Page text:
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The Straits Times
July 10, 2016
A remittance company has foiled a scam attempt involving $50,000, the third case of its kind in the last two weeks.
On Friday (July 8) at about 12.30pm, Mr Malik Sameer, a staff from Samlit Moneychanger Pte Ltd, alerted the police to a suspected case of cheating.
Officers from Central Division and Commercial Affairs Department then ascertained that a 69-year-old victim was being scammed into remitting $50,000 to an overseas account, police said in a statement on Sunday.
Investigations revealed that on Monday, the victim received a call claiming that she had a parcel containing illegal items sent under her name via DHL to Shanghai.
The call was transferred to someone claiming to be a customs officer, who threatened the victim with imprisonment if she did not comply with his instructions.
The caller then directed the victim to call him at specific times at 9am, noon, 5pm and 8pm daily.
On Friday, the victim was told to remit $50,000 to a specific account in China if she wanted "authorities" to expedite the investigations.
At Samlit Moneychanger, Ms Novianti Goh, who was attending to the victim suspected something amiss when the latter could not answer general queries.
The victim was also observed to be speaking on her phone throughout the whole process and appeared to be acting under instructions, adding to Ms Goh's suspicions.
Mr Malik then called the police while Ms Goh continued to probe further, the statement added.
Police said that further investigations helped to halt the transaction, and the full recovery of the $50,000 belonging to the victim.
Police said this is the third scam case which it has jointly foiled along with two remittance companies within the last two weeks, involving a total amount of $255,000.
It commended Ms Goh and Mr Malik for their civic mindedness and timely interventions to protect the victim.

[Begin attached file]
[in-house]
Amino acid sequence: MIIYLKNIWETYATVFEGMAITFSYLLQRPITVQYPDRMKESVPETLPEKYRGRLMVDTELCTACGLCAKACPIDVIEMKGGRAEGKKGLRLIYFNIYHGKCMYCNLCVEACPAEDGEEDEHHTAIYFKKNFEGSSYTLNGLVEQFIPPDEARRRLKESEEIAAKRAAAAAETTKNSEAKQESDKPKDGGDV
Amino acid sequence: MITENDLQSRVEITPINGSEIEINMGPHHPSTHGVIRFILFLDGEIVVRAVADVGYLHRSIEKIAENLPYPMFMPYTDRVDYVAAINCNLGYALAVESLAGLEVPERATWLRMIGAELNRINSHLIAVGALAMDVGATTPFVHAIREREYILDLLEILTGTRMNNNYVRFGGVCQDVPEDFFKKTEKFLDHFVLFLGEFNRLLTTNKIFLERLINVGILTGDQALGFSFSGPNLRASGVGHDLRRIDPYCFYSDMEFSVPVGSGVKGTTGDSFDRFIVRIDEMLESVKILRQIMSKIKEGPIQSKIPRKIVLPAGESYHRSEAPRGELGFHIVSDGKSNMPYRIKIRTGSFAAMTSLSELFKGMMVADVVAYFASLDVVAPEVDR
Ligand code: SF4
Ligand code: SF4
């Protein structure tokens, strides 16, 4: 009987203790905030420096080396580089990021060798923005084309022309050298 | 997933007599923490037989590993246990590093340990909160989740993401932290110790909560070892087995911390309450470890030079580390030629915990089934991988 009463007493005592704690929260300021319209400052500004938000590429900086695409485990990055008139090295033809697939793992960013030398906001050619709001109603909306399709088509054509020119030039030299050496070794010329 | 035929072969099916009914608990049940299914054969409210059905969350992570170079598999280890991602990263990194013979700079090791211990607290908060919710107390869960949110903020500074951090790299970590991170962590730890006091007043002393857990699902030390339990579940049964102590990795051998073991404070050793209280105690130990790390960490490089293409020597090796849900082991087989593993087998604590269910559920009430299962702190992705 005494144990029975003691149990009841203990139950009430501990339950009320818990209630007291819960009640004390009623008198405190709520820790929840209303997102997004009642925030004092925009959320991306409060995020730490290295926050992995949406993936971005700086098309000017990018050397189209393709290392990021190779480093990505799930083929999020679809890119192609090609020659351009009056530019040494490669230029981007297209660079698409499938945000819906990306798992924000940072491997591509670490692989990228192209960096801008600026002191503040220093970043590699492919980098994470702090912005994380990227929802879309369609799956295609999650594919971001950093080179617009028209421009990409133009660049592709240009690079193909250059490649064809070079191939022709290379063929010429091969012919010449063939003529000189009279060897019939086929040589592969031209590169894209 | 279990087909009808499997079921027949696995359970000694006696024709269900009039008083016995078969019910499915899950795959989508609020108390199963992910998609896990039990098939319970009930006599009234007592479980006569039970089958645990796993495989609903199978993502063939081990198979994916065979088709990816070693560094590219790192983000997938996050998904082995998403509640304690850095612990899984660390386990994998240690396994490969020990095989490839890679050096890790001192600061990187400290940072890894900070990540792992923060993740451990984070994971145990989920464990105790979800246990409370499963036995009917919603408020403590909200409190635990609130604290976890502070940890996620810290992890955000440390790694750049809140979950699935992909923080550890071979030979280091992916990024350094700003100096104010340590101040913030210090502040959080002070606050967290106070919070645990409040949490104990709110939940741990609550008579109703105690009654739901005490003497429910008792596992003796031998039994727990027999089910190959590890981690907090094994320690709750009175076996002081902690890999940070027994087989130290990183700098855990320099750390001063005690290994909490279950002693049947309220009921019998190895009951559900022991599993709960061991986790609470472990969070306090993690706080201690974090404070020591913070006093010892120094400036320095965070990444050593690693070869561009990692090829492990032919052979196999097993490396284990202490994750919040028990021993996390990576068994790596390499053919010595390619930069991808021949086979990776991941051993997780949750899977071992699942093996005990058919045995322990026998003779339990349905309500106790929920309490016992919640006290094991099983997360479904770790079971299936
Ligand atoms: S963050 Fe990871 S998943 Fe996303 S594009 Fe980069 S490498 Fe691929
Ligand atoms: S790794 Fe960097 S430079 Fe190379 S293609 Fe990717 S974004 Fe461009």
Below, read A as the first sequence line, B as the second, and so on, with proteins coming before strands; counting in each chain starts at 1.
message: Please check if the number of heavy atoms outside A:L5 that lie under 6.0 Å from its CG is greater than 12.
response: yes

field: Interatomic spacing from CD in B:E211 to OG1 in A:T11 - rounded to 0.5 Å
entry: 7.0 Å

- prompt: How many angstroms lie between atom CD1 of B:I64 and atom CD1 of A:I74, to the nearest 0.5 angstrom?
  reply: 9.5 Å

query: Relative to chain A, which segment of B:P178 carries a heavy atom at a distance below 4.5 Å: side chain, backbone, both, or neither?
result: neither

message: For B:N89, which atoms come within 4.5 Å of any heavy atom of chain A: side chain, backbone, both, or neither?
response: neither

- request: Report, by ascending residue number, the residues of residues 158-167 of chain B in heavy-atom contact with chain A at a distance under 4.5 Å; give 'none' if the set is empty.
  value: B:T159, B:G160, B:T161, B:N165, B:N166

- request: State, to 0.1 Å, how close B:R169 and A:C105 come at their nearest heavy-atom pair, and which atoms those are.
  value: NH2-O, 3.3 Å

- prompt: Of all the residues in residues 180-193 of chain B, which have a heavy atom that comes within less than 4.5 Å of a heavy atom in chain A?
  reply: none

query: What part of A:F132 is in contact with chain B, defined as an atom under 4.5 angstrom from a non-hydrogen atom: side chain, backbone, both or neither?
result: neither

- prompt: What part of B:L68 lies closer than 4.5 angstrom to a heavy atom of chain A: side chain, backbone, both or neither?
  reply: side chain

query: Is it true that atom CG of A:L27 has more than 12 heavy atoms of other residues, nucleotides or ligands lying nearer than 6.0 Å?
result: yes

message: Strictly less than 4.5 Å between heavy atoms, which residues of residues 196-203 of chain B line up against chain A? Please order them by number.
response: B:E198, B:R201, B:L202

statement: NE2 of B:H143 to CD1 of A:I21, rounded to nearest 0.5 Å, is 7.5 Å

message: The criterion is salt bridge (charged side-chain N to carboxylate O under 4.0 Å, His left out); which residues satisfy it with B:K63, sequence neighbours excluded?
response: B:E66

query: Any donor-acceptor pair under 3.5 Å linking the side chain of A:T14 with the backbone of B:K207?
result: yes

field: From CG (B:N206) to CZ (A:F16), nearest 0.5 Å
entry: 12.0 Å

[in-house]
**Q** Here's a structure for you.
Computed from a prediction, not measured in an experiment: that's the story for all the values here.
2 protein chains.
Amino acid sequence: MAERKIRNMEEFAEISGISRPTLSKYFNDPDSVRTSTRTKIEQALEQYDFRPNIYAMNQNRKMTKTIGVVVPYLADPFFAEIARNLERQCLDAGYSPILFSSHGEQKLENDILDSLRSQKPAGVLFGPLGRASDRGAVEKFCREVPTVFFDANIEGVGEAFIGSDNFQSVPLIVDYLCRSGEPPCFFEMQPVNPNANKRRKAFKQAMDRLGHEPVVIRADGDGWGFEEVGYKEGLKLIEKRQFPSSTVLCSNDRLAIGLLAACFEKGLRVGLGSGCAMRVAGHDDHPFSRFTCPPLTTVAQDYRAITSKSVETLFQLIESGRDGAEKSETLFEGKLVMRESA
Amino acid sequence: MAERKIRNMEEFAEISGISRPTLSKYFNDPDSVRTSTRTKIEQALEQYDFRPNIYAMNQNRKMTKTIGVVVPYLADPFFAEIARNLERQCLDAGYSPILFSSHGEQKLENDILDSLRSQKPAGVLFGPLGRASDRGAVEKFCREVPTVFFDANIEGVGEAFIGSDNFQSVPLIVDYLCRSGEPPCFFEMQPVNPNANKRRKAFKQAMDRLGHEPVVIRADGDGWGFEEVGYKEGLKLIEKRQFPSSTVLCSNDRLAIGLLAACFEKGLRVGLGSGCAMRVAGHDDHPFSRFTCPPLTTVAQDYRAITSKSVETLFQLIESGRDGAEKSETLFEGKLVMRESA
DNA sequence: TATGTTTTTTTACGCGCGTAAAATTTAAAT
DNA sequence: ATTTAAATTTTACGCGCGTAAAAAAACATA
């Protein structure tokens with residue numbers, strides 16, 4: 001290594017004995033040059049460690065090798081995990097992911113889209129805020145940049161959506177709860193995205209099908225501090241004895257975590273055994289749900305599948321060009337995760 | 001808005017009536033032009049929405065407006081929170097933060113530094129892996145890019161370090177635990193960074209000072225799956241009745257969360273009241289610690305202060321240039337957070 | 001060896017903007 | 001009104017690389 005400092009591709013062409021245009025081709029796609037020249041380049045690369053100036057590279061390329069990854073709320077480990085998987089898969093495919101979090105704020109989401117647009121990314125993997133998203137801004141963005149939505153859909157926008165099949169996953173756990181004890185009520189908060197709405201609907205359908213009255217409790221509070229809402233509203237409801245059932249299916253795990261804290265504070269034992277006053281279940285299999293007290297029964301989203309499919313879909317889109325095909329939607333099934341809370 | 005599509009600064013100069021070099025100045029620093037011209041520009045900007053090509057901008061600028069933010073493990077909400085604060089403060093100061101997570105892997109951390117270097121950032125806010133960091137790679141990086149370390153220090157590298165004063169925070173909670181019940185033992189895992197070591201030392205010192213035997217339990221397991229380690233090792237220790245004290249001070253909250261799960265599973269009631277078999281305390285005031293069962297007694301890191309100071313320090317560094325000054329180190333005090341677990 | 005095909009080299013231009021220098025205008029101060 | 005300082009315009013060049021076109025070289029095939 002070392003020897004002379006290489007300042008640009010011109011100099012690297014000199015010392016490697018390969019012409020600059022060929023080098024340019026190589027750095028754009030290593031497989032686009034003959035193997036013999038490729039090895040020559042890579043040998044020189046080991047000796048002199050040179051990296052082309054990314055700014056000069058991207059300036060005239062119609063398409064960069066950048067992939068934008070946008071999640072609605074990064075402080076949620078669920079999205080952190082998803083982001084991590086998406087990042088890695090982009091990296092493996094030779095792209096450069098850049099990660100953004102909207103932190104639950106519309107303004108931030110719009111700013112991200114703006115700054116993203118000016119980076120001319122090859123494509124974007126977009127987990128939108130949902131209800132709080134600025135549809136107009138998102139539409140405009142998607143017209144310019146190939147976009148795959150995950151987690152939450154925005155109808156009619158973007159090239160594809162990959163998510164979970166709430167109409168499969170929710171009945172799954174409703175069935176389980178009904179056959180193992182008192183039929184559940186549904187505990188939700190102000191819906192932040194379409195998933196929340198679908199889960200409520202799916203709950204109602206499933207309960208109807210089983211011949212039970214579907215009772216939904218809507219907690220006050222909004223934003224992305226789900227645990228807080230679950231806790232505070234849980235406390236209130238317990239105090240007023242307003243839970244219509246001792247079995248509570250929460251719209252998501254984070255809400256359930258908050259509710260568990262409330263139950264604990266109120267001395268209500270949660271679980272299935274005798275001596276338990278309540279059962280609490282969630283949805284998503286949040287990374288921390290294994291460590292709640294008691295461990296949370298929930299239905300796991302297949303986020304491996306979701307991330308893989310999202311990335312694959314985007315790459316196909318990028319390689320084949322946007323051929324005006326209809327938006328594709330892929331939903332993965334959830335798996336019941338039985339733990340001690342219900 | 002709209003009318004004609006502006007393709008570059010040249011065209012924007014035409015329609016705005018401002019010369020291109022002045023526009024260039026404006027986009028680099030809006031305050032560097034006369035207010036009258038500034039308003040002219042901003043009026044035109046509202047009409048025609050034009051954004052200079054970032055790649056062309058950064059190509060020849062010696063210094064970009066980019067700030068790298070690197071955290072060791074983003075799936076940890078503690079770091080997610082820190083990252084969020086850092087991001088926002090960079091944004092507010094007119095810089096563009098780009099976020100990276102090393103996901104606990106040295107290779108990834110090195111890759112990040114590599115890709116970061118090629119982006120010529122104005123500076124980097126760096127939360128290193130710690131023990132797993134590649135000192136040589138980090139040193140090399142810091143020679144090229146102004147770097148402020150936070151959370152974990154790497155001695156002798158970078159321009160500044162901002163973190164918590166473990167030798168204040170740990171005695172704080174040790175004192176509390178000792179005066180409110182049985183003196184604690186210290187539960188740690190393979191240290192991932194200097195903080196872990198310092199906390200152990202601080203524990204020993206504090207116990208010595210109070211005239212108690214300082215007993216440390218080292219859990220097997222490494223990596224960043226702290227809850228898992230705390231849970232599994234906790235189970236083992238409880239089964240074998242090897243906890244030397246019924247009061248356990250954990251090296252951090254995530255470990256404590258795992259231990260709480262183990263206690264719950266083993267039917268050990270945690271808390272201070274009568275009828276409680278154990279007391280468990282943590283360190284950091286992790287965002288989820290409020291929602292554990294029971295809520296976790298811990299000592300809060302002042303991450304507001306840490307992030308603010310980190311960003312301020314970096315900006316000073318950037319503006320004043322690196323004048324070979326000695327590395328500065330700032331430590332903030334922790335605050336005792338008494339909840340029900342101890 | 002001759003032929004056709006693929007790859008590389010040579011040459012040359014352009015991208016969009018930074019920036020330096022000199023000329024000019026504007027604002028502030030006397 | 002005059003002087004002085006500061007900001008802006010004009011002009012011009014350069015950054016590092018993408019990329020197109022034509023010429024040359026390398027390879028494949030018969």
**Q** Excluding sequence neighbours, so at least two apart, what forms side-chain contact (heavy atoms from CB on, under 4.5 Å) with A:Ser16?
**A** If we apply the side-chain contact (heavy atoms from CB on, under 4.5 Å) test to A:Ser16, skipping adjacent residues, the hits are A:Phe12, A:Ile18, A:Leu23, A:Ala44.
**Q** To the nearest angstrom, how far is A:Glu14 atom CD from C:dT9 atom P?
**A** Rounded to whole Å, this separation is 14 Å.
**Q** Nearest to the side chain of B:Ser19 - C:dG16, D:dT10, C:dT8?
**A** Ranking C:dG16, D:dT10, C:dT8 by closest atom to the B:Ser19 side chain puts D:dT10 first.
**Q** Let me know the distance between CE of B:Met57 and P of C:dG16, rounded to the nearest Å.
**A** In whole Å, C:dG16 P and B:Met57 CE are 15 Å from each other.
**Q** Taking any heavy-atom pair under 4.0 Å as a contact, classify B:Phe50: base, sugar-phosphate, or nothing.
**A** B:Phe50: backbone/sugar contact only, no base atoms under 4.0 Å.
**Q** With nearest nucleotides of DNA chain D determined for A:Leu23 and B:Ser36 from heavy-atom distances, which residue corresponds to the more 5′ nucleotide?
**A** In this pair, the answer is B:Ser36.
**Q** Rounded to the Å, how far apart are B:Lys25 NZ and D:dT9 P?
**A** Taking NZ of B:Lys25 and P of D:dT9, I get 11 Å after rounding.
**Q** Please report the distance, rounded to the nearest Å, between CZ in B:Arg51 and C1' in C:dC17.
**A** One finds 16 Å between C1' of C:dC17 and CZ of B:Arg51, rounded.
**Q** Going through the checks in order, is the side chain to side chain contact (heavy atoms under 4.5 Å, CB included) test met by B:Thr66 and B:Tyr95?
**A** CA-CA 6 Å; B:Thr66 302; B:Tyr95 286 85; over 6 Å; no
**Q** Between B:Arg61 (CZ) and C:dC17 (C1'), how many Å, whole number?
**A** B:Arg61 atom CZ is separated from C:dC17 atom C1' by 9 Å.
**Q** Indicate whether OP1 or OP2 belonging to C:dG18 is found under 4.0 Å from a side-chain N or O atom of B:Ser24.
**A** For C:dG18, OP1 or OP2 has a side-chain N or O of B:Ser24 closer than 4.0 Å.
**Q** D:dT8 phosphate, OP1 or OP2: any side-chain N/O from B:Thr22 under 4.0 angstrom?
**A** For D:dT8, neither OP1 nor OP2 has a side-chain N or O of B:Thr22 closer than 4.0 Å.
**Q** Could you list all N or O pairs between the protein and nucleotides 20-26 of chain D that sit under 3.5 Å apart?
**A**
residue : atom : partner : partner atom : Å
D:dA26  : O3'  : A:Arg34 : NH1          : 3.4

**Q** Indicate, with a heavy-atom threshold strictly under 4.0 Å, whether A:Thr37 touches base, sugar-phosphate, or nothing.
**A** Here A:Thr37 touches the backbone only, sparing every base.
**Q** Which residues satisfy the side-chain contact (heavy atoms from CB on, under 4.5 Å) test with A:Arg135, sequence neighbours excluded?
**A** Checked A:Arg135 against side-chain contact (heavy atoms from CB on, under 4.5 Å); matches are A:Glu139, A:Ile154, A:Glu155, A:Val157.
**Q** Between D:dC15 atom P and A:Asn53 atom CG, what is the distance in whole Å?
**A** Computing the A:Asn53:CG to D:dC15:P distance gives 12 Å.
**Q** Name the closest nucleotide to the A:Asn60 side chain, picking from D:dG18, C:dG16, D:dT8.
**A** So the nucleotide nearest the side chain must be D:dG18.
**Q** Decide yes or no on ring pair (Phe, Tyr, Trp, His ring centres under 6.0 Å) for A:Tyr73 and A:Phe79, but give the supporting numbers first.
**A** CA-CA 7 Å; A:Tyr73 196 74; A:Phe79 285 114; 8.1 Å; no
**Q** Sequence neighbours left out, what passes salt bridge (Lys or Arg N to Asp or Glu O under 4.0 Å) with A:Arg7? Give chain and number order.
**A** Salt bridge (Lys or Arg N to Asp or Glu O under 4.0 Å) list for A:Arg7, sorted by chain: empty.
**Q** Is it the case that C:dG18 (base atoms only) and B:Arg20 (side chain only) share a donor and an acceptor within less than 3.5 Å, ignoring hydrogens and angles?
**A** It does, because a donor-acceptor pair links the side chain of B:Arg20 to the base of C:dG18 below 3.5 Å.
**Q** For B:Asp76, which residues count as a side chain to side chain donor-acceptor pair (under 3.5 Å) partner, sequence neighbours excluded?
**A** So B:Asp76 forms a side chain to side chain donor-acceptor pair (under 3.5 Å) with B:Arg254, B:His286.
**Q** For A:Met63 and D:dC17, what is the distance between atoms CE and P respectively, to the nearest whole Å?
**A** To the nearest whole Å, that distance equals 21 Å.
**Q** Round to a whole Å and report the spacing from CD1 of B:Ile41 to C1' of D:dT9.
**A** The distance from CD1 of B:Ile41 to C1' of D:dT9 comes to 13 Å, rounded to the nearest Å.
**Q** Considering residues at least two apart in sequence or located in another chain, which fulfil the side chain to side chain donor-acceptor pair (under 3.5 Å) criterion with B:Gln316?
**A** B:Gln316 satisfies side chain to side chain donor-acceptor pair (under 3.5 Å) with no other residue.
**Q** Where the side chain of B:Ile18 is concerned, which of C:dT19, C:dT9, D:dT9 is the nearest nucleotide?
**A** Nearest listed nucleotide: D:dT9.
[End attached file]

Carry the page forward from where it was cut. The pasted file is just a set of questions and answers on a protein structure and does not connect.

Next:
Police advised members of public to take the following precautions when they receive unsolicited calls, especially from unknown parties:
Ignore the calls. Scammers may use Caller ID spoofing technology to mask the actual phone number and display a different number. Calls that appear to be from a local number may not actually be made from Singapore. If you receive a suspicious call from a local number, hang up, wait five minutes, then call the number back to check the validity of the request.
Ignore instructions to remit or transfer money. No government agency will inform you to make a payment through a telephone call, especially to a third party's bank account.
Refrain from giving out personal information and bank details, whether on the website or over the phone. Personal information and bank details such as internet bank account usernames and passwords, OTP codes from tokens, are useful to criminals.
Call a trusted friend or talk to a relative before you act. You may be overwhelmed by emotion and err in your judgment.
If you have information related to such crime or if you are in doubt, call the police hotline at 1800-255-0000, or dial 999 for urgent police assistance.